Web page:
Montana, known for its stunning landscapes and charming small towns, also faces the reality of urban crime. In 2023, the most dangerous cities in the state have been identified based on crime rates, offering insights into the challenges they face and the efforts made to address these issues.


As Montana’s largest city, Billings encounters significant security challenges, with violent crimes per 100,000 people at 750 and property crimes at 4,500. Despite these high rates, law enforcement agencies actively implement strategies to reduce crime​​.


This vibrant city, home to a university campus and arts scene, sees crime rates higher than the national average. Violent crimes per 100,000 are at 650, and property crimes at 4,000. Missoula’s police force works closely with the university and local residents in crime prevention efforts​​.

Great Falls:

Known for its nearby waterfalls and tourist appeal, Great Falls experiences high crime rates, with violent crimes per 100,000 at 610 and property crimes at 3,500. The local authorities respond with increased community policing and crime prevention programs​​.


Montana’s state capital, rich in history and culture, faces challenges with violent crimes per 100,000 people at 580 and property crimes at 3,300. The Helena Police Department addresses these issues through patrols and community outreach​​.


Famous for Montana State University and outdoor recreation, Bozeman confronts crime with violent crimes per 100,000 at 530 and property crimes at 3,000. The city’s law enforcement emphasizes crime prevention and safety​​.


Gateway to Glacier National Park, Kalispell experiences higher-than-average crime rates, with violent crimes per 100,000 at 520 and property crimes at 2,800. The Kalispell Police Department focuses on enhancing public safety and community partnerships​​.


This former mining town grapples with crime, showing violent crime rates per 100,000 at 500 and property crimes at 2,600. Butte’s law enforcement works on curbing these rates through patrols and community engagement​​.


A small city in the Hi-Line, Havre, faces challenges similar to larger cities, with violent crimes per 100,000 at 480 and property crimes at 2,400. The police department here focuses on community-oriented policing​​.


Known for its fishing and scenery, Livingston struggles with higher-than-average crime rates, with violent crimes per 100,000 at 450 and property crimes at 2,200. The Livingston Police Department is proactive in seeking strategies to reduce crime​​.

Miles City:

A cultural hub, Miles City contends with crime, with violent crimes per 100,000 at 430 and property crimes at 2,000. The Miles City Police Department emphasizes community outreach and education​​.

These cities, despite their challenges, are supported by dedicated law enforcement agencies and community efforts to enhance safety and reduce crime.

Safety Tips for Traveling to Montana: Navigating the Treasure State with Confidence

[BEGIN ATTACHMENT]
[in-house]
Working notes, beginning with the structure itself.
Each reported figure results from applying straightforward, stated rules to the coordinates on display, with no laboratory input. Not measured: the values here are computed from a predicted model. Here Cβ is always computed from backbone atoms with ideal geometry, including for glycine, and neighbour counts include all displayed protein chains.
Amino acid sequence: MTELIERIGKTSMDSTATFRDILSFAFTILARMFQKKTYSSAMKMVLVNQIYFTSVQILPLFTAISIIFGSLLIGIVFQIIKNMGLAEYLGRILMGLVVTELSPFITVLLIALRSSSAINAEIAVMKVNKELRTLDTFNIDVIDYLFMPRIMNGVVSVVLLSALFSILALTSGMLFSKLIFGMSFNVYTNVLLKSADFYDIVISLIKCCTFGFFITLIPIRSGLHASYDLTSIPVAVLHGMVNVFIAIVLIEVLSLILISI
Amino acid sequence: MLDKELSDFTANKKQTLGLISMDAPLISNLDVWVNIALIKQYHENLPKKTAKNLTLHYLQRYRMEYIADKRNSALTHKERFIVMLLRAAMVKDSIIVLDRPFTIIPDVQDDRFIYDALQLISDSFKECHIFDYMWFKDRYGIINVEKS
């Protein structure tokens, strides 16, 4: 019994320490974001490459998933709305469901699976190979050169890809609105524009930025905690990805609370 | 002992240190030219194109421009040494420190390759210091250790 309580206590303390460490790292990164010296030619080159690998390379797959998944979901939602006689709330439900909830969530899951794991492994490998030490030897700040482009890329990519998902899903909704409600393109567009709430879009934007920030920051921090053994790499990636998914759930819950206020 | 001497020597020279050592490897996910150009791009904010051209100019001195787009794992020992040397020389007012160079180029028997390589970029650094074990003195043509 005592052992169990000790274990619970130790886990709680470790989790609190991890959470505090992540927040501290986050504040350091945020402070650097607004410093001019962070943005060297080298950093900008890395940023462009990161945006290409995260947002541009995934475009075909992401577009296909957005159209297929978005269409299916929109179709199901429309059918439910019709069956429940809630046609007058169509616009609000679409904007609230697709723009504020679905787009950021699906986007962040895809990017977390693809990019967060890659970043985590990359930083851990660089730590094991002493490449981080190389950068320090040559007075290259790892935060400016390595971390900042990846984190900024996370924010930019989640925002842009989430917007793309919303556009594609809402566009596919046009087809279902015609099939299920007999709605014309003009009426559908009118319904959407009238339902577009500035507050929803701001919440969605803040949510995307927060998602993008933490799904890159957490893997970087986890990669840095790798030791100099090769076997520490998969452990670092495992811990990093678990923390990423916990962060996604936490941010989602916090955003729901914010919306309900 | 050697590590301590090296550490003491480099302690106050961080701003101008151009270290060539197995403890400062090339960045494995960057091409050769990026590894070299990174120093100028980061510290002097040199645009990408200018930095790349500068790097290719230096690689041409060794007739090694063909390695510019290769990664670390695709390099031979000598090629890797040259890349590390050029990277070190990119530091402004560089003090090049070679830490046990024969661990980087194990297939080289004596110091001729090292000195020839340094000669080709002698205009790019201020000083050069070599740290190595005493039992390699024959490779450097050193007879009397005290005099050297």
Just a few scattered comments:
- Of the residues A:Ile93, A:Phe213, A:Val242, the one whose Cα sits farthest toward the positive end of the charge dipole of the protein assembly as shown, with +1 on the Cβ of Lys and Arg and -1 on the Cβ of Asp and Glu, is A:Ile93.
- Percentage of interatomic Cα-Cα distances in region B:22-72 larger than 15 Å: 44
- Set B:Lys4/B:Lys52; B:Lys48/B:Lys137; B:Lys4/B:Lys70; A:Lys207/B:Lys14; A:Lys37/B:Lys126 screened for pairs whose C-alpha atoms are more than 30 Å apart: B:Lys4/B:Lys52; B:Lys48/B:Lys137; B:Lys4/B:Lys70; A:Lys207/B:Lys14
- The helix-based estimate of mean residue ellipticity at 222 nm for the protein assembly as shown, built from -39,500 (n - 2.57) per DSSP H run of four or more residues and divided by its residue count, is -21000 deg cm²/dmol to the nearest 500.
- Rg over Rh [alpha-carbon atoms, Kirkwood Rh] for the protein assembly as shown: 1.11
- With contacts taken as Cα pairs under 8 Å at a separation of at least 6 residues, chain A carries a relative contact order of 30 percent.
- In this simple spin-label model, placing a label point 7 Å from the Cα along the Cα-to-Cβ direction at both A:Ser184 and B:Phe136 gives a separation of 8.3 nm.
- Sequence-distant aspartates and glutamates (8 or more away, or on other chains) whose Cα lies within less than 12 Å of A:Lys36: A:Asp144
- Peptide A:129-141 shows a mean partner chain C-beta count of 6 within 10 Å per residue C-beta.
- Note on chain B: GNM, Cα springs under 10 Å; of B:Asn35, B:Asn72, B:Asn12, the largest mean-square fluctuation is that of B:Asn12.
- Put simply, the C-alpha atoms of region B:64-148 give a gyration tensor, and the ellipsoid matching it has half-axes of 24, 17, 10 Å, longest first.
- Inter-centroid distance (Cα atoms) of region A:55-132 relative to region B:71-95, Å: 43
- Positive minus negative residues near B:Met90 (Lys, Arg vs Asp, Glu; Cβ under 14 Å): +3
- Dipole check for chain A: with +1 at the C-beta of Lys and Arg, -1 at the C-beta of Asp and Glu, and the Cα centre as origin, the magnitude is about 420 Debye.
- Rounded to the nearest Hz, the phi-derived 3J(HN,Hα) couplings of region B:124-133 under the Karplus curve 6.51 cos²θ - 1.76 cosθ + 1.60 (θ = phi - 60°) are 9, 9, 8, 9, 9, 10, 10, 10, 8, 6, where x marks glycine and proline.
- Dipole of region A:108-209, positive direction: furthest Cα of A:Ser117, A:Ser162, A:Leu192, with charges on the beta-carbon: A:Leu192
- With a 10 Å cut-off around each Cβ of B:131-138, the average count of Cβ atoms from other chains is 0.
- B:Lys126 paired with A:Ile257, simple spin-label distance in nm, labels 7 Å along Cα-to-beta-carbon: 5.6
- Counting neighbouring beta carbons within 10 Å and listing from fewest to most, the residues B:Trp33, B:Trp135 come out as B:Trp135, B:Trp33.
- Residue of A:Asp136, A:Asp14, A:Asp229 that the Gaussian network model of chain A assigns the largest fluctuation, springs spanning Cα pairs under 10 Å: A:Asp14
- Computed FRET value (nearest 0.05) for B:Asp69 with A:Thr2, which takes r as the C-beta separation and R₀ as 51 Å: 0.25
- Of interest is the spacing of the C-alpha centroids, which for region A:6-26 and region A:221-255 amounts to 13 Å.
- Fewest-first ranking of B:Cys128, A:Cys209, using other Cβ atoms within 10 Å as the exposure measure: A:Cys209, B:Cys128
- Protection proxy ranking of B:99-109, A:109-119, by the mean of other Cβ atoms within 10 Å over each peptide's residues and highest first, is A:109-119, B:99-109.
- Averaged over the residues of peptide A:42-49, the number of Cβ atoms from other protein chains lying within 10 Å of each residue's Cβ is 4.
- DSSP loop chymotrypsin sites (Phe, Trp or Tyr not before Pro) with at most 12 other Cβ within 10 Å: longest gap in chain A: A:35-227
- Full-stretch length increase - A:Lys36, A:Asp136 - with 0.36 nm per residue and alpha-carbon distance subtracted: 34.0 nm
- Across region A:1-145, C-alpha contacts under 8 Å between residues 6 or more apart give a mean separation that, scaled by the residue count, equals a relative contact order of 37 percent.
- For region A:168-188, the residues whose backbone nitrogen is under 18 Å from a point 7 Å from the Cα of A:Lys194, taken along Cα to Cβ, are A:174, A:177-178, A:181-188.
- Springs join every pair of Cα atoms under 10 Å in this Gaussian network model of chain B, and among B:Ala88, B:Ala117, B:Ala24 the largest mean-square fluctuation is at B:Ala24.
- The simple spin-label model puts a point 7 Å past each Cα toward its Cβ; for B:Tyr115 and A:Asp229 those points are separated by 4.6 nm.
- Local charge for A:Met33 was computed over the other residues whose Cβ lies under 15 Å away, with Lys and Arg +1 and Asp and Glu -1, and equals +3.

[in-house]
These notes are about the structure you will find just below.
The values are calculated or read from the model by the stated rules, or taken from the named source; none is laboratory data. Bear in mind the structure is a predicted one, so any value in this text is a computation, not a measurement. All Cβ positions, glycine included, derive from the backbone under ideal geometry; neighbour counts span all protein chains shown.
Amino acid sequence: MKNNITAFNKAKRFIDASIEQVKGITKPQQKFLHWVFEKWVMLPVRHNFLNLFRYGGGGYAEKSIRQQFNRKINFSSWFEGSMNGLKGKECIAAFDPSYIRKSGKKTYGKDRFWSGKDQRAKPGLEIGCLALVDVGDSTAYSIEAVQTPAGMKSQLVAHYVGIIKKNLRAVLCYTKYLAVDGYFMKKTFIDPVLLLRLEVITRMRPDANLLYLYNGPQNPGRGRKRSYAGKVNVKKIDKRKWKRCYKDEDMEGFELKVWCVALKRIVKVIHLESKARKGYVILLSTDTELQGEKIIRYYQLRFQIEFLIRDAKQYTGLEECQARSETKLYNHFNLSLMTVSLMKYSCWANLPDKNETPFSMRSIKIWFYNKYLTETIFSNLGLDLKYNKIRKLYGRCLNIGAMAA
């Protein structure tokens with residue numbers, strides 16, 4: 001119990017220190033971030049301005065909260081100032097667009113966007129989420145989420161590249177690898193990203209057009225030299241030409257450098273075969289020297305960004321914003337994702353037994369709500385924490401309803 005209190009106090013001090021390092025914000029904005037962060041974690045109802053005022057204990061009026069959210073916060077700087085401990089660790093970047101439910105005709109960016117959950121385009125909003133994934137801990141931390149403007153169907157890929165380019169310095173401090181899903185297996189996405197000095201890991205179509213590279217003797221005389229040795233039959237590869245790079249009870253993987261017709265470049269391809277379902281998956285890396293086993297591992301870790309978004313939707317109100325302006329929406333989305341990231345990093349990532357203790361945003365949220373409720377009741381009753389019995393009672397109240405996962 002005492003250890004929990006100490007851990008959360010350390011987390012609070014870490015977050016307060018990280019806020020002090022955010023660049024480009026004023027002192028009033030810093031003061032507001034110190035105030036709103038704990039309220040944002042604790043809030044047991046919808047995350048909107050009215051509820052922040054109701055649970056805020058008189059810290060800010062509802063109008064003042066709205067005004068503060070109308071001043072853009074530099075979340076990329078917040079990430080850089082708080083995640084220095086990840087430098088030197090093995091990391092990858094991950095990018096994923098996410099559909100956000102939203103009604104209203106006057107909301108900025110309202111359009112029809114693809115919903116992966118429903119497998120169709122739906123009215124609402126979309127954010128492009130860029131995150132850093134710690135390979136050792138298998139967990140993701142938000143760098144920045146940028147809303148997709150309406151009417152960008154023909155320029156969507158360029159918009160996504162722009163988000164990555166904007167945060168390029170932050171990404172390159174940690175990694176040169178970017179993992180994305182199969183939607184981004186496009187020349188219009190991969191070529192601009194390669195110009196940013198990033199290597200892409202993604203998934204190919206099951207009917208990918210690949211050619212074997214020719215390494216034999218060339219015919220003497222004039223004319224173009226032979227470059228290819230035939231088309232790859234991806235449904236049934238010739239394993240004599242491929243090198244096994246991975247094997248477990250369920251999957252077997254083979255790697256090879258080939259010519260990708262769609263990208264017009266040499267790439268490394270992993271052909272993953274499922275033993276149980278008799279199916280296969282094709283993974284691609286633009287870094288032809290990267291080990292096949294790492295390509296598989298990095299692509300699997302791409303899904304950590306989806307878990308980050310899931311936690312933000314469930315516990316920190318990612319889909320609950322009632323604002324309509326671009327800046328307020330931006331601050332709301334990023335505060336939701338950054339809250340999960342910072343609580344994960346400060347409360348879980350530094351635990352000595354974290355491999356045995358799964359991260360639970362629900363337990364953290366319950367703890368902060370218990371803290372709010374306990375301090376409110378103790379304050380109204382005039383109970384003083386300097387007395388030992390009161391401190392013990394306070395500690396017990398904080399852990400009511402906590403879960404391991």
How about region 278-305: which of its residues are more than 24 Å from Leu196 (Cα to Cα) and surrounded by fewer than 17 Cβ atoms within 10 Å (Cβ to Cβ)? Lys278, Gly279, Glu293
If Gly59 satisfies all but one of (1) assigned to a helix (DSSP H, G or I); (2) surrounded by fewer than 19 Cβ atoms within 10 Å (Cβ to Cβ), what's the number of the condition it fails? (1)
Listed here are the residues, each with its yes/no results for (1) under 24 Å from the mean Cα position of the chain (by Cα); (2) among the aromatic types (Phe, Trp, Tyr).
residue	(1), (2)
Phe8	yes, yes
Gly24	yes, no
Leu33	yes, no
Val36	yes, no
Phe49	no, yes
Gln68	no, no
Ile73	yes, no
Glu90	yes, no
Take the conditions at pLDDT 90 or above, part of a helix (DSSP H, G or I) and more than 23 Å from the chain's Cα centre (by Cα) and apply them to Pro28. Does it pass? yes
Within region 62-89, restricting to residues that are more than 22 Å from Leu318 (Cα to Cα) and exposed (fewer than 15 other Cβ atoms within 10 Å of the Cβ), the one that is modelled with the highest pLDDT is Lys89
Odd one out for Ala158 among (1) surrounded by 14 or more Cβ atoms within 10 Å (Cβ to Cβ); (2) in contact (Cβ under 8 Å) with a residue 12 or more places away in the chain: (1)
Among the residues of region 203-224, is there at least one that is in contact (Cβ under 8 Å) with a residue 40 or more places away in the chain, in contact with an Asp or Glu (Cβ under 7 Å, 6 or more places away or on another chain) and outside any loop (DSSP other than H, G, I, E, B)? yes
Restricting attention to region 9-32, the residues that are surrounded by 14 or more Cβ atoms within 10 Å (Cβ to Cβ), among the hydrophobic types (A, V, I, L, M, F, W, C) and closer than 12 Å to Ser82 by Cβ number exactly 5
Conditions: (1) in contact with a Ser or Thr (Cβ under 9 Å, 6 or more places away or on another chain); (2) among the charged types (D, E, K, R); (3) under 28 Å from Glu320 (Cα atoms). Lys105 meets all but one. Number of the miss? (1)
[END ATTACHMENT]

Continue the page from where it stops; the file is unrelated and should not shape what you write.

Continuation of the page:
Montana, a treasure trove of natural beauty and cultural richness, beckons travelers with its majestic mountains, pristine lakes, and welcoming small towns. However, like any destination, it’s essential to travel with safety in mind, especially in urban areas where crime rates can be higher. Here are some vital safety tips for anyone planning a trip to Montana:

  • Stay Informed About Local Crime Trends: Before your trip, research the crime rates and trends in the cities you plan to visit. This knowledge helps you stay vigilant in higher-risk areas.
  • Secure Accommodations: Choose well-reviewed and reputable hotels or rental properties. Ensure your accommodation has good security measures, such as 24-hour front desk service, secure locks, and surveillance systems.
  • Be Cautious in Urban Areas: In cities like Billings, Missoula, or Great Falls, be extra vigilant. Stick to well-lit and well-traveled streets, especially at night. Avoid walking alone after dark and keep your belongings secure.
  • Vehicle Safety: Always lock your vehicle, and avoid leaving valuables visible inside. In cities with higher property crime rates, this simple step can significantly reduce the risk of theft.
  • Connect with Local Law Enforcement: Familiarize yourself with the local police departments in the areas you’re visiting. They often provide updated safety information and can be a valuable resource in an emergency.
  • Outdoor Safety: Montana’s wilderness is vast and sometimes remote. When hiking or engaging in outdoor activities, inform someone about your plans, carry a map and compass (or GPS device), and be prepared for sudden weather changes.
  • Wildlife Awareness: Montana is home to a diverse array of wildlife, including bears. Learn about wildlife safety, especially if you plan to hike or camp in national parks or wilderness areas.
  • Health Precautions: Carry a basic first aid kit and be aware of the nearest medical facilities. If you have specific medical needs, plan accordingly.
  • Road Safety: Montana’s roads can be challenging, particularly in winter. Drive cautiously, respect speed limits, and be prepared for changing road conditions.
  • Emergency Contacts: Keep a list of emergency contacts, including local emergency services, your country’s embassy or consulate (if you’re an international traveler), and family or friends back home.

By following these safety tips, travelers can fully enjoy Montana’s stunning landscapes and rich cultural heritage with peace of mind and a sense of security.